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The ruling is the second one to go against the law, while two other federal judges have upheld it. Still other judges have shot down challenges on technical grounds, though they never decided the merits of the case.

Ever since Mr. Obama signed the health care legislation in March, it has been the dominant issue in American politics, with Republicans campaigning on opposition to the law on their way to winning control of the House and gaining seats in the Senate in last year’s elections.

Already, the House has passed a bill to repeal the entire law, and Senate Republicans have vowed to try to force a vote on the measure in their chamber.

Senate Republicans’ campaign committee also fired off attacks on Democrats facing difficult re-election bids in 2012 who defended the health care law as constitutional.

Democrats, though, say Americans have already become attached to some of the early-acting benefits in the law, such as allowing adult children to remain on their parents’ insurance until age 26 and requiring insurance companies to cover pre-existing conditions.

“Political opponents of the Affordable Care Act are intent on doing in the courts what they could not do in Congress, by rolling back these important protections,” said Senate Judiciary Committee Chairman Patrick J. Leahy, Vermont Democrat.

His committee will hold a hearing Wednesday looking at the constitutional basis for the health care law.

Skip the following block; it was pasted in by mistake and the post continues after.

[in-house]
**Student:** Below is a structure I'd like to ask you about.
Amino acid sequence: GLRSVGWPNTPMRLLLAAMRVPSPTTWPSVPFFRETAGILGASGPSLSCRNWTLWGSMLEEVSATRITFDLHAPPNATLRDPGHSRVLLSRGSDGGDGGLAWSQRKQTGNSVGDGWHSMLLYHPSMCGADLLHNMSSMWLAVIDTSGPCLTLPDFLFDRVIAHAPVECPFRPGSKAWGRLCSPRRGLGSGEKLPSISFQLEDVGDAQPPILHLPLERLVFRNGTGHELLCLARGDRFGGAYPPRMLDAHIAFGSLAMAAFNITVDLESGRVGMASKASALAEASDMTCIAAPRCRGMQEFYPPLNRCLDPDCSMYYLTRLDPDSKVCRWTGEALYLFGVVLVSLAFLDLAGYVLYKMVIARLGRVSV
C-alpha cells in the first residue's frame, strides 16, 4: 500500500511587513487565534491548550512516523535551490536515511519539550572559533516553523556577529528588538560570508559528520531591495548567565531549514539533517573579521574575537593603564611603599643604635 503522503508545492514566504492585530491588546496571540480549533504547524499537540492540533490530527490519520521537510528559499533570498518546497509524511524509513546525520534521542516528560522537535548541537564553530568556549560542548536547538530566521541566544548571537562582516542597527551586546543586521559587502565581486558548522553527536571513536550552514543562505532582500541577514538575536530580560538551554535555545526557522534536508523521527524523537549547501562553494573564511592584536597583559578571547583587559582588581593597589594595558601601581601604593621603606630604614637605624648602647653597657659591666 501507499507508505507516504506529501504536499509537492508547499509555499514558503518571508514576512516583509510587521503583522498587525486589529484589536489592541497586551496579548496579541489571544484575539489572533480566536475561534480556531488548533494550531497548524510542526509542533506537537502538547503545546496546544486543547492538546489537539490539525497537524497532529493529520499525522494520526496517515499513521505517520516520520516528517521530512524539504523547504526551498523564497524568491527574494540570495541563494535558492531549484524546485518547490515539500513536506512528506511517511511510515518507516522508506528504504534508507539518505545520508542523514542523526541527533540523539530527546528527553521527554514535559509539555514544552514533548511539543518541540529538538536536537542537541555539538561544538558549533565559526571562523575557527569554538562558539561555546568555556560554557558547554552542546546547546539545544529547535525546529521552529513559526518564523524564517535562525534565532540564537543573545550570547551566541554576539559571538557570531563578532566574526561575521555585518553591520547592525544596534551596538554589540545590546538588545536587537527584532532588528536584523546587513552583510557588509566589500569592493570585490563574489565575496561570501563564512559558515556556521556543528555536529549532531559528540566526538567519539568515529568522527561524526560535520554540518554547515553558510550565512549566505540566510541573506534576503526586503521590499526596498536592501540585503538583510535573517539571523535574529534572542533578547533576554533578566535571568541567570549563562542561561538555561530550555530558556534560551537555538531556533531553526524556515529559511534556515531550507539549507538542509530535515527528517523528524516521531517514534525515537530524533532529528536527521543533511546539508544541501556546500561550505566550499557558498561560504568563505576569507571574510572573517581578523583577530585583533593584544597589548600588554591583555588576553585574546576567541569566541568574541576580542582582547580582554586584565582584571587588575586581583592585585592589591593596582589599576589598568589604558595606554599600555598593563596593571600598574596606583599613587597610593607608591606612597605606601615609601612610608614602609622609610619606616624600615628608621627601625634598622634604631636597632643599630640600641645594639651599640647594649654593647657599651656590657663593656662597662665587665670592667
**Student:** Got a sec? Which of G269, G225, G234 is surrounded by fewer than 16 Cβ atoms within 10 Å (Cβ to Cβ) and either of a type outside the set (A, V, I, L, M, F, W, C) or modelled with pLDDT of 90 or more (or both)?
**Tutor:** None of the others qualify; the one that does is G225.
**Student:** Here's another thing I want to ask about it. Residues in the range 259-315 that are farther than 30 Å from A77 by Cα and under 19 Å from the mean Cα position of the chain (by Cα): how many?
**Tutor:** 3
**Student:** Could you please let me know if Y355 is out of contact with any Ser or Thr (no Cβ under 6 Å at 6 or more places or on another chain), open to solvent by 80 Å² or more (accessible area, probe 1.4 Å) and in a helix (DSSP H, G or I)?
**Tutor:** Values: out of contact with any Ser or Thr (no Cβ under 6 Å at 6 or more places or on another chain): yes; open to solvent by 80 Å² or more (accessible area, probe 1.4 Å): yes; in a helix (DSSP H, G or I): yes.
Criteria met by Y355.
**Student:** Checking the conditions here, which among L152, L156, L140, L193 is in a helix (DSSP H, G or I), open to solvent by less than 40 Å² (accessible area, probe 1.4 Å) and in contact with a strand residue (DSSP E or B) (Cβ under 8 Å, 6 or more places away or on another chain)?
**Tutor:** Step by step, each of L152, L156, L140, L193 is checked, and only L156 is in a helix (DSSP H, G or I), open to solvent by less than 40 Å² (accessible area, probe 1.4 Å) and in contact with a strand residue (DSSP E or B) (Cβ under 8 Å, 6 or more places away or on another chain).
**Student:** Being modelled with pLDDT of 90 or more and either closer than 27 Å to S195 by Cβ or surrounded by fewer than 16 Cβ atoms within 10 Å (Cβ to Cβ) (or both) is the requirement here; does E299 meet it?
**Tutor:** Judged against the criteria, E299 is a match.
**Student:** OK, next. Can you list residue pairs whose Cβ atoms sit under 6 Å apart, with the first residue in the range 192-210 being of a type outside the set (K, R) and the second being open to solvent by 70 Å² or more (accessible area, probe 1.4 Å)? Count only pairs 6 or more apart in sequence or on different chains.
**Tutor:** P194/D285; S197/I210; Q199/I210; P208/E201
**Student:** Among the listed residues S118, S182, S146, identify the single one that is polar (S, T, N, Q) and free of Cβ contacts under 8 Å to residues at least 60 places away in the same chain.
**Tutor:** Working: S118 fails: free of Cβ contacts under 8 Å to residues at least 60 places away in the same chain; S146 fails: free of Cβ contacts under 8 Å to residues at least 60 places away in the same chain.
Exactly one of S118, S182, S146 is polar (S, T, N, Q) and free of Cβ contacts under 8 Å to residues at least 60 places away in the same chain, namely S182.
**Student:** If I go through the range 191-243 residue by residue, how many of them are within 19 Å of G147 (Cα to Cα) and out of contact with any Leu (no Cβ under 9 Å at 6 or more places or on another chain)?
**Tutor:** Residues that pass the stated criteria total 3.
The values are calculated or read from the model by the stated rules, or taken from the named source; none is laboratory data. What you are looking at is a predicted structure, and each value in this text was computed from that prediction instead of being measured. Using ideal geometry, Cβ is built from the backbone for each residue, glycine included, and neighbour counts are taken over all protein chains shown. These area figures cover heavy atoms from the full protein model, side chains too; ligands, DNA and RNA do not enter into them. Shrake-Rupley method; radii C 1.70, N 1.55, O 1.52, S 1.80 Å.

The law took a tortuous path to passage last year, surviving purely based on Democrats’ at-the-time overwhelming majorities in both the House and Senate.

The measure that eventually became law was written to survive the Senate in December 2009, but wasn’t designed to pass the entire Congress. But Sen. Scott Brown’s surprise election victory in January 2010 left Democrats without a filibuster-proof majority, which meant the House had to accept the Senate’s version.

Judge Vinson exposed many of those flaws of that process in his ruling — most notably the lack of a severability clause, which existed in some other versions, but not in the Senate’s final bill. Severability would have allowed some parts of the law to remain in place even if the individual mandate fell.

In his ruling, the judge did uphold the federal government’s argument for rewriting Medicaid, the federal-state health care program for the poor. The states had argued that the new burdens the federal government put on state Medicaid programs was unfair, but Judge Vinson said states always have the option — however unpalatable — of opting out of the program.

But he ruled in favor of states who said the individual mandate went beyond Congress‘ authority as granted by the Constitution.

The case was brought by Florida and 19 other states last year, and just two weeks ago, six other states joined the suit, bringing the total to 26. Virginia Attorney General Kenneth T. Cuccinelli II filed his own lawsuit based on Virginia law, and late last year federal Judge Henry E. Hudson upheld Mr. Cuccinelli’s challenge.